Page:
Saturday, April 30, 2011
Friday, April 29, 2011
Regardless if you're a member or not...what sort of things would you like to see the SSA focus on in the future? Feel free to discuss below.
Five awesome atheist bloggers are competing to see who can raise the most money to support Camp Quest!Camp Quest is an absolutely fabulous program for the children of freethinkers. If you want to help the future of secularism (and give me bragging rights), please consider a donation!
Since one of those bloggers is the indomitable PZ Myers of Pharyngula, we have made two teams in order to make this competition more fair.
Team 1: Greta Christina of Greta Christina's Blog, Hemant Mehta of Friendly Atheist, Jen McCreight of Blag Hag, and JT Eberhard of Zerowing21.
Team 2: PZ Myers of Pharyngula.
The first team to raise $5,000 for Camp Quest, or the team that has raised the most by June 1, 2011 will win!
What will the winning team receive? Bragging rights. Pure and simple.
You can help your favorite team win by donating through ChipIn to support the team of your choice. Early reports think PZ has this sewn up, so if you like underdogs, give to this ChipIn and help his competition. Or you can make help make the pharyngulation complete by supporting PZ's ChipIn.
All contestants and contributors receive: the knowledge that they have supported a fantastic program for freethinking families and their children.
Read more in the post below about why you should support Camp Quest!
Wednesday, April 27, 2011
Speaking at the National Catholic Prayer breakfast, Newt Gingrich on Wednesday warned Catholics that Europe’s “crisis of secularism” — spawning a “government-favored culture to replace Christianity” — has seized the United States.
“The American elites are guided by their desire to emulate the European elites and, as a result, anti-religious values and principles are coming to dominate the academic, news media and judicial class in America,” he said in Washington.
Gingrich lashed out against the “secular pressures” that have led scientific publications to replace Anno Domini (A.D.) with the Common Era (C.E.), banned school prayer and struck out “one nation under God” in the Pledge of Allegiance.
Aaaanndddd the problem is what exactly? Sounds fabulous to me!
Religious paranoia that they're losing the battle: a sure sign the secular movement is doing something right.
I'm pretty excited to give my Creation Museum talk to an audience that isn't explicitly atheistic or skeptical. They'll probably have heard less about it than a room full of atheists, and I'm curious to see how they'll react.
But I'm also excited to poke around a non-godless conference for a change. It looks so wonderfully eclectic. My talk is at the same time as "How to Create a Successful YouTube Channel," "Ireland and the Grail, or: Yes, Sophie, 'The Da Vinci Code' is Wrong!," "Near Death Experiences 101," and "Space Vanguard: How Some of Us Are Preparing for a Brighter Future." And that's not even the oddest stuff - you should really skim the program if you have the time.
Maybe I'll be able to get some good ideas on how to improve our atheist conferences. I was told that Mensa AG has a 24 hour game room and that speakers can get free booze all day in a hospitality room. Are you listening, TAM and Skepticon?!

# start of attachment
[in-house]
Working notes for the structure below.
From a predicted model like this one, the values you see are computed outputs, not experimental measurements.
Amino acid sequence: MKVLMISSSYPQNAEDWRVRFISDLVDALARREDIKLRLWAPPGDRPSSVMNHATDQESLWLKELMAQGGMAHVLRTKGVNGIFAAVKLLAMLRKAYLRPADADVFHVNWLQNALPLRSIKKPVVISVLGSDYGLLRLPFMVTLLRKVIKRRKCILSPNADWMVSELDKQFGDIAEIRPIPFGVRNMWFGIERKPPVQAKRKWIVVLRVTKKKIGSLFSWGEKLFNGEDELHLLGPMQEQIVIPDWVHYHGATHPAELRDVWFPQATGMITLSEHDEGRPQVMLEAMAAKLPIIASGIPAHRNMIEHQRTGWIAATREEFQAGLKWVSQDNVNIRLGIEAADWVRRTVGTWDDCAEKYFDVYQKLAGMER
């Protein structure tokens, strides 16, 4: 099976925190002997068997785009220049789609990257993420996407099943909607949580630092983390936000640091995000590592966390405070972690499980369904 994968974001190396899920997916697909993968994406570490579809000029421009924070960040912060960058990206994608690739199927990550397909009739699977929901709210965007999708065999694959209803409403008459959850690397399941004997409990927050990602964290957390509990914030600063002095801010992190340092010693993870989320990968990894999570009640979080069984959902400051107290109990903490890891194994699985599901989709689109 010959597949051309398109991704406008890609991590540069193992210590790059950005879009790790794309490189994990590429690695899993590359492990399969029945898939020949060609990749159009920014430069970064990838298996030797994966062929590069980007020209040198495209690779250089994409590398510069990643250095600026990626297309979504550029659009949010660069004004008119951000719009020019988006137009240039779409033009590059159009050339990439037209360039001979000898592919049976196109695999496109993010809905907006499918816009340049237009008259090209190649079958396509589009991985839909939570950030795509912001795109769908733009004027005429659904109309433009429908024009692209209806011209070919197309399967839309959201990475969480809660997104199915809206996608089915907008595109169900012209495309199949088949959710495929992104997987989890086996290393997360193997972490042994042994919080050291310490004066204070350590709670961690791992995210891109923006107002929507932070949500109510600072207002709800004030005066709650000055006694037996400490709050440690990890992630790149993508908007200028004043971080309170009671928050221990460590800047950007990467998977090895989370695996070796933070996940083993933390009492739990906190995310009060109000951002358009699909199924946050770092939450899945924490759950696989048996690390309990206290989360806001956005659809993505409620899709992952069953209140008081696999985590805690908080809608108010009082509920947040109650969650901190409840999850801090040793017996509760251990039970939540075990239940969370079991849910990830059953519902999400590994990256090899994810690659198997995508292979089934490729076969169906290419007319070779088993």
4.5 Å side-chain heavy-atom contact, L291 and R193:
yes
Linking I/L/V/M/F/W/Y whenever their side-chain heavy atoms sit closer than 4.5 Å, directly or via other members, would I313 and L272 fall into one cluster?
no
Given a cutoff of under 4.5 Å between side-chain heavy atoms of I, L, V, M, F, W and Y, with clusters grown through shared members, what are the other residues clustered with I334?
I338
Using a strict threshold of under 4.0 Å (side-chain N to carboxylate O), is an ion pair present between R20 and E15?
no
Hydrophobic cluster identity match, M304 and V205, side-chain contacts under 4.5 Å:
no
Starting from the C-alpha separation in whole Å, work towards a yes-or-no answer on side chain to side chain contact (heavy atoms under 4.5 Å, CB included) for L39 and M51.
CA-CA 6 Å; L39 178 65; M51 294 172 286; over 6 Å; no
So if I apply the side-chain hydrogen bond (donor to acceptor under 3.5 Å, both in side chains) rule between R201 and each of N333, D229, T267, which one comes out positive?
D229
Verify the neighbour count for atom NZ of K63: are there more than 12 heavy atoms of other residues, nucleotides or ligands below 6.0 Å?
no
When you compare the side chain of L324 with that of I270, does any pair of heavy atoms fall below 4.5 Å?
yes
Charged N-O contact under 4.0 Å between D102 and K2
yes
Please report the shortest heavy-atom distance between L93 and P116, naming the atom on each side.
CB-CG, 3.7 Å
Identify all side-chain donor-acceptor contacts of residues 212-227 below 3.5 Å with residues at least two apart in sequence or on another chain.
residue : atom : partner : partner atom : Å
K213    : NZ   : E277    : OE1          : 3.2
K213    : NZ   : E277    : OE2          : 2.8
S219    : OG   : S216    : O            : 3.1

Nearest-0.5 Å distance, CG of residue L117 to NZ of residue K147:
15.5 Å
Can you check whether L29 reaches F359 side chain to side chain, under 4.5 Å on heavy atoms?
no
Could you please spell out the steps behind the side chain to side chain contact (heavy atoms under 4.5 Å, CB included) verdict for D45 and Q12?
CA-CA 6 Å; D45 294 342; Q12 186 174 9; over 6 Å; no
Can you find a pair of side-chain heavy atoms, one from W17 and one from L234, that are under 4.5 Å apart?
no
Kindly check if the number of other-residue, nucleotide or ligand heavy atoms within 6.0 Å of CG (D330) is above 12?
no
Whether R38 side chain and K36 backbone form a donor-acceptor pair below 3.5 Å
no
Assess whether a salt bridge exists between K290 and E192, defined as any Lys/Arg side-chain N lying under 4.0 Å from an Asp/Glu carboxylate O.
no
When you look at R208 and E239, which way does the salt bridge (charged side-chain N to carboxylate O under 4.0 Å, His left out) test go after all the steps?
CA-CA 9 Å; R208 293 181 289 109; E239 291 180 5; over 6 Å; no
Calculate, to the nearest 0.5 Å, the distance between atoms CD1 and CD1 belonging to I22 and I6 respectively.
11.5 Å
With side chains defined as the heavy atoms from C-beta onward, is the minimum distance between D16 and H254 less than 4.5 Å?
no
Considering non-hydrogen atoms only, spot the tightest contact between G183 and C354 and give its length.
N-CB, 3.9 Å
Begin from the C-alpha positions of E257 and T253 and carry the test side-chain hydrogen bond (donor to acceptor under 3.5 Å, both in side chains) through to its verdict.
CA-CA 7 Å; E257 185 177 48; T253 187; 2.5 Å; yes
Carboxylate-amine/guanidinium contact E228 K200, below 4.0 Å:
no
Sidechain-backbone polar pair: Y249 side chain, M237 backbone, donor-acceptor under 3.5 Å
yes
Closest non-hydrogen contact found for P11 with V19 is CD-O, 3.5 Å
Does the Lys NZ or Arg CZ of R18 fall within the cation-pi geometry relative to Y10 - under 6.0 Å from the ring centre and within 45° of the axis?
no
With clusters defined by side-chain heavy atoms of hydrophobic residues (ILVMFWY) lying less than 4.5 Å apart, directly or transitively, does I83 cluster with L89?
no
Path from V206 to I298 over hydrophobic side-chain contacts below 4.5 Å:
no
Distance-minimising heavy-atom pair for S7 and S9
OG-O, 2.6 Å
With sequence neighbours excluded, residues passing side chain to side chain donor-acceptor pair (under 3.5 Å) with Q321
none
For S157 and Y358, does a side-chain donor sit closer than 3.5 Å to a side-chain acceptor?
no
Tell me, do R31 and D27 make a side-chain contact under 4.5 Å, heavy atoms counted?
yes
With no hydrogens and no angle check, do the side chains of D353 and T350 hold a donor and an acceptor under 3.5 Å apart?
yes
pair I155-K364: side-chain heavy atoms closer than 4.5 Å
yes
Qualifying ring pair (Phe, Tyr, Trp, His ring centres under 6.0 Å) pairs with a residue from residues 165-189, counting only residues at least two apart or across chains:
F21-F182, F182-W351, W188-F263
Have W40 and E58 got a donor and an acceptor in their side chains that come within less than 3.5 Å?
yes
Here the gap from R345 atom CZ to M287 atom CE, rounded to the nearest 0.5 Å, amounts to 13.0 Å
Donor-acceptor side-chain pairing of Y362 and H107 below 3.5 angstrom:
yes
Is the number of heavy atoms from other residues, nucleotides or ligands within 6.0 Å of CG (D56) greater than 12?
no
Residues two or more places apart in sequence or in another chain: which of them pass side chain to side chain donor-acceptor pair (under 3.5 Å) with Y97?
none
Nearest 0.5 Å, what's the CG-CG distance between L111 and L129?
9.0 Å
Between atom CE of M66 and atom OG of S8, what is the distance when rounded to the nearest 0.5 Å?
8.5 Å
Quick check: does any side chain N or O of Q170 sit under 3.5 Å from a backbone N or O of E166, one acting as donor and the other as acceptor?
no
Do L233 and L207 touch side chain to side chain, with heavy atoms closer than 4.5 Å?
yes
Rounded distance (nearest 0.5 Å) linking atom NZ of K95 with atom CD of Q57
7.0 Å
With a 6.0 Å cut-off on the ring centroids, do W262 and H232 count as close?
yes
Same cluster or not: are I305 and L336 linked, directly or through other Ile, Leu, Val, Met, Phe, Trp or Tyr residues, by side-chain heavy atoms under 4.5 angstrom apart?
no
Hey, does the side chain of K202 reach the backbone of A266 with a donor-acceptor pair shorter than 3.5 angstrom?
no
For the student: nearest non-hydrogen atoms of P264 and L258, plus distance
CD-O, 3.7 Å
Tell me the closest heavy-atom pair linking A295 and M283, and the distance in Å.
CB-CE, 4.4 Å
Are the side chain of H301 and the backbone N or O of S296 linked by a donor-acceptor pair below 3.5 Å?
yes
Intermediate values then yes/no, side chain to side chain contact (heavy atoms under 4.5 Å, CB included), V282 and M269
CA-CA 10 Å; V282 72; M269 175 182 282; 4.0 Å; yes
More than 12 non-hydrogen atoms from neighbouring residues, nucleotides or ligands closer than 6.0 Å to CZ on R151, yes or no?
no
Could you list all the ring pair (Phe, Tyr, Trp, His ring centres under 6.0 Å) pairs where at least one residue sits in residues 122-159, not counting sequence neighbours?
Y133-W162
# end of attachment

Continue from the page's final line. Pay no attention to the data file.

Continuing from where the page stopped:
Because, you know, I'm not already busy with a bunch of speaking events. There are five more future events that aren't on that schedule yet because the details haven't been completely worked out. Oi.
People ask me how I can do this while being in grad school. Answer: I have no freaking clue.
Tuesday, April 26, 2011
I've heard the question hundreds of times by now. "Is there going be Boobquake 2?" This is almost always followed by a quip about "increasing sample size," with the person grinning about how clever they think they are for thinking that one up. While I've answered the question hundreds of times by now, let me answer it one last time to make it crystal clear:
I'm tempted to leave it at that, but I'll take the moment to explain why the streets are not being flooded with immodestly dressed women today (at least, not more than usual).
1. The hypothesis is no longer testable.
Sedighi, an Iranian cleric, originally claimed that immodestly dressed women cause earthquakes. The whole purpose of boobquake was to be a humorous lesson in skepticism - that when someone makes claims, we should test them. But Sedighi clarified his statement a month later:
So basically, sinning doesn't actually correlate precisely with natural disasters, and God will hold off on striking sinful nations so he can send even more people to hell. There's no longer any sort of cause and effect - God just willy nilly kills people. His claim is now unfalsifiable. Increasing the "sample size" would not matter.
"Some ask why (more) earthquakes and storms don't occur in the Western world, which suffers from the slime of homosexuality, the slime of promiscuity and has plunged up to the neck" in immorality, he said.
"Who says they don't occur? Storms take place in the U.S. and other parts of the world. We don't say committing sin is the entire reason but it's one of the reasons," he said.
But, he said, "sometimes, God tests a nation. ... (God says) if believers sin, We slap them because We love them and give them calamity in order to stop their bad deeds."
"And those who have provoked God's wrath, He allows them (to commit sins) so that they go to the bottom of hell," Sedighi said.
2. There are plenty of other unskeptical things to poke fun at.